SONET Interconnect (was RE: MCI)
avg at postman.ncube.com
Fri Mar 29 07:39:53 UTC 1996
Steve Steinberg <steve at wired.com> wrote:
>I was talking with David Tennenhouse yesterday about why much of the
>Internet community hates ATM and he said something that seems very
>accurate: "Everyone worries about overhead in someone elses layer."
Heh. He's telling that to carrier ISP people who are generally
quite involved in level-2 transport issues? 30% of bandwidth
is something to think of, when it costs more than all your equipment.
>It's true: just think of how much TCP/IP overhead we put up with that
>could be compressed if it was really important.
Have you ever asked why IP compressors were't a smashing success?
Answer -- because most of bulk traffic on Internet is compressed by
hosts (be it GIF or JPEG, or good ol LZW compress). You can't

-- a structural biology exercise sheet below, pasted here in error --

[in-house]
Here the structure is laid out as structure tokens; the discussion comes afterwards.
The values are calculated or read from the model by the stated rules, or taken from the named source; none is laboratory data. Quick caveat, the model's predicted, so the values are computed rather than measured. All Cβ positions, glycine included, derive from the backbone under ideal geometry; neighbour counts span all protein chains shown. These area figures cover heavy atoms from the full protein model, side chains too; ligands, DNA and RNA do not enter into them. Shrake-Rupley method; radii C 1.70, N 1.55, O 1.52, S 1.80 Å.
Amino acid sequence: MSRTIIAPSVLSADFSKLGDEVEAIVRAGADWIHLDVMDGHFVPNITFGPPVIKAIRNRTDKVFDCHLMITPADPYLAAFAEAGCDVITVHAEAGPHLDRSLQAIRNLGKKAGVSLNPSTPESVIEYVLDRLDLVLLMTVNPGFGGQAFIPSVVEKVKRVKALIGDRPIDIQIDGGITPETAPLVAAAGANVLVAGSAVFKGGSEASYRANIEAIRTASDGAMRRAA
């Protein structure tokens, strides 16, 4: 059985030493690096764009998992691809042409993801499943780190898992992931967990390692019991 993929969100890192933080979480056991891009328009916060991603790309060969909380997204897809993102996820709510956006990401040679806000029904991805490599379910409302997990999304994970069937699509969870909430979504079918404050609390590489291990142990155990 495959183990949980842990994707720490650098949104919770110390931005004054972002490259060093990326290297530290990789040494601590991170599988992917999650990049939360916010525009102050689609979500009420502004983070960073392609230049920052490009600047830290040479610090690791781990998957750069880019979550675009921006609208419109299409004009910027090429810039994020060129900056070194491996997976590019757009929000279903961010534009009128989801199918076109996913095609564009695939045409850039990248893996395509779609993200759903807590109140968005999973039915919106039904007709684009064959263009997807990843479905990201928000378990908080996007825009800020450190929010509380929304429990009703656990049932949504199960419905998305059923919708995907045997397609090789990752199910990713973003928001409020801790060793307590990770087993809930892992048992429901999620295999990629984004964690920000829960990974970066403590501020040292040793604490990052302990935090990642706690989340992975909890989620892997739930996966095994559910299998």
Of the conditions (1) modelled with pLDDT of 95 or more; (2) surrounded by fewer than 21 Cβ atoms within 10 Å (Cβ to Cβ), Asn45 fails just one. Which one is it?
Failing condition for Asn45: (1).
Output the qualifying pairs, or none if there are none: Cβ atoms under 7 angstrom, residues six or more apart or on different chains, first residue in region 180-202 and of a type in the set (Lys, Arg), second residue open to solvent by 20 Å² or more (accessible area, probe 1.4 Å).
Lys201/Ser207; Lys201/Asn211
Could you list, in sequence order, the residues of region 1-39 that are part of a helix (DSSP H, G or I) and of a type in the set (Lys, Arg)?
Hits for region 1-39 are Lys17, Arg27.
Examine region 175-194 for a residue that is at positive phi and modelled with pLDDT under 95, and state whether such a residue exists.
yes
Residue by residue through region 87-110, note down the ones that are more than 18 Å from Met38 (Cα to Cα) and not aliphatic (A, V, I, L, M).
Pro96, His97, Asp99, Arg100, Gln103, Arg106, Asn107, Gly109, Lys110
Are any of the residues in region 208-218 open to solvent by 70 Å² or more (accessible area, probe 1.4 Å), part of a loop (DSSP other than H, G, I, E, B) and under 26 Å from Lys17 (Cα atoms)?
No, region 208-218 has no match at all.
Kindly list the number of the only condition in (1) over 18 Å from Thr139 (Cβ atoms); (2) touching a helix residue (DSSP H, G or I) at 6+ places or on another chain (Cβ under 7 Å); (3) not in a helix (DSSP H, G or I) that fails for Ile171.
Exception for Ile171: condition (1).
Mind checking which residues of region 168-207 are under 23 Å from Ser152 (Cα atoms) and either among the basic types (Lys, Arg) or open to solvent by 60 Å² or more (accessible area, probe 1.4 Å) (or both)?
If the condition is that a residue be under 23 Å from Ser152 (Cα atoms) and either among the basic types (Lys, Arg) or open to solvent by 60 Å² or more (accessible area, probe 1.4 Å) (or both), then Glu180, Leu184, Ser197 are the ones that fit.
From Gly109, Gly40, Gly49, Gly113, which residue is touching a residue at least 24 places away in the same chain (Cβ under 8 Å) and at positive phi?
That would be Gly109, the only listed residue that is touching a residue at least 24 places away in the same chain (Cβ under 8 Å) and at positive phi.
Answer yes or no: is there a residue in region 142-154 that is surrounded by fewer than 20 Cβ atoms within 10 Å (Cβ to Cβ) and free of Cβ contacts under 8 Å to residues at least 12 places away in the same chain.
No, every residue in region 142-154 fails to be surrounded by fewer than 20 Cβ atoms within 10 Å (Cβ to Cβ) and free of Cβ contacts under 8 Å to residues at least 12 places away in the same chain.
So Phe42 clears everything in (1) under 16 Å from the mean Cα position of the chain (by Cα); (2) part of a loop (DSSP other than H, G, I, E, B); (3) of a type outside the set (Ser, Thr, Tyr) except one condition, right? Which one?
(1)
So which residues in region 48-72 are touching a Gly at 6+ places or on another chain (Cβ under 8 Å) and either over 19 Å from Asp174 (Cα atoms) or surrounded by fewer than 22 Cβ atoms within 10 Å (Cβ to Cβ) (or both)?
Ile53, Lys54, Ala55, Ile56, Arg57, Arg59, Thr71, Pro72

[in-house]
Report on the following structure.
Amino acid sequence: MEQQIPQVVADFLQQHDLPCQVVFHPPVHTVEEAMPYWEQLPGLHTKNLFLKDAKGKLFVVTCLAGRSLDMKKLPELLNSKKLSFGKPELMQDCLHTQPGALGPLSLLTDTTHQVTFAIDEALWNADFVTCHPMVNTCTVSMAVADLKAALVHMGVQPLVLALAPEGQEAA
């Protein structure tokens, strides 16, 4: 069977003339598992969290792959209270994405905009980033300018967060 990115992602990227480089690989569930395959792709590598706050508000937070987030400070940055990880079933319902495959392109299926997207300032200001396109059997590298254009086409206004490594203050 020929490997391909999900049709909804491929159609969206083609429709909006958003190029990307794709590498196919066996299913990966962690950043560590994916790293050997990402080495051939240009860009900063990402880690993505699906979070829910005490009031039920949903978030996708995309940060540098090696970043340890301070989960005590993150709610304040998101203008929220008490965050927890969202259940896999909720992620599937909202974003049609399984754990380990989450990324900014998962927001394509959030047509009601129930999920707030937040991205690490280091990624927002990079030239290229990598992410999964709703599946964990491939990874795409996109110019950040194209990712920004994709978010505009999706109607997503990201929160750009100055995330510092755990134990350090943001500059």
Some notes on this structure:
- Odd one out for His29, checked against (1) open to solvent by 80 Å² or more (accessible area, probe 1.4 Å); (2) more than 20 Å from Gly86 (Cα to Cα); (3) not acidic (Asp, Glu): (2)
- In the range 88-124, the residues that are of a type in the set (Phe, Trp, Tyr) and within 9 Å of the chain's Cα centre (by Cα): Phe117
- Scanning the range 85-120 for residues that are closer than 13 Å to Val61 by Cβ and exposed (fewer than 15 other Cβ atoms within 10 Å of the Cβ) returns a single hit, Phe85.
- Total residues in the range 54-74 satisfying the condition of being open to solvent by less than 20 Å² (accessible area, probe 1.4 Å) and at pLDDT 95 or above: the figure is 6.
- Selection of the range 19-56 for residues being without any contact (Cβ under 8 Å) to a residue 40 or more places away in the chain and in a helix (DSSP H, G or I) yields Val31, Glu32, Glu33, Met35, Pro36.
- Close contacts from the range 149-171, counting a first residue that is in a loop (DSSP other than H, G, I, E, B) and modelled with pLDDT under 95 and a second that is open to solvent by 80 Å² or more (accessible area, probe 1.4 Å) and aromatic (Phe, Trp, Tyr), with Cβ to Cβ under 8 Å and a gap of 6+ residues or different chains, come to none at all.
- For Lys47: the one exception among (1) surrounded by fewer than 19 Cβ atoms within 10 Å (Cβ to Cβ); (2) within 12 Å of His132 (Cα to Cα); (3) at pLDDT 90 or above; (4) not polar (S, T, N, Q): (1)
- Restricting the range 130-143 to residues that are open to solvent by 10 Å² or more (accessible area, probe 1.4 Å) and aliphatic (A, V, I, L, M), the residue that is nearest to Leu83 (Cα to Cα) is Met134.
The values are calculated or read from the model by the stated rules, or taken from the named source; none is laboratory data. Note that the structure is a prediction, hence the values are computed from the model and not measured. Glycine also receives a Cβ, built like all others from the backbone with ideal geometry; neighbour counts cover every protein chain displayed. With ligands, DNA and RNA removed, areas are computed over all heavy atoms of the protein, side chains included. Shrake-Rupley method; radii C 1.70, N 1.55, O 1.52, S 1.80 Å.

really compress much of headers necessary for end-to-end reliability
without per-hop header reconstruction (that is done on very slow
links by PPP and C-SLIP, you can do that on T-1s with difficulty,
but forget about in on T-3s).
>(Not to mention HTTP overhead...)
HTTP is being fixed. ATM is beyond repair.
>Perhaps more importantly, stepping up fiber bandwidth is a
>lot easier than improving router speeds. So why does a 15% loss due to
>ATM really matter?
It's 30%, for starters. There's a lot of short ACKs and keystrokes.
Then, if "stepping up fiber bandwidth" isn't really a big deal why
do we need ATM's QoS stuff? Just throw in more bandwidth!
>Tennenhouse, btw, is proof that ATM did not come out of the telecom
>community alone as people like to believe.
You can write a FORTRAN program in any language. You can be a
bellhead without being employed by a telco (and vice versa).
>It's no suprise that they went with something like ATM that's good for
>switch efficiency but bad for transmission line efficiency.
That's a hogwash. ATM is bad for switching efficiency. That's obvious
to anybody who ever heard about relation between size of memory
footprint and speed, and can compare number of forwarding decisions
per byte of user payload in IP and ATM.
>Fortunately, that was probably the right tradeoff to make.
That's apparently why there's no global ATM network on horizon
but you can find Internet in Ust'-Kamenodyrsk.
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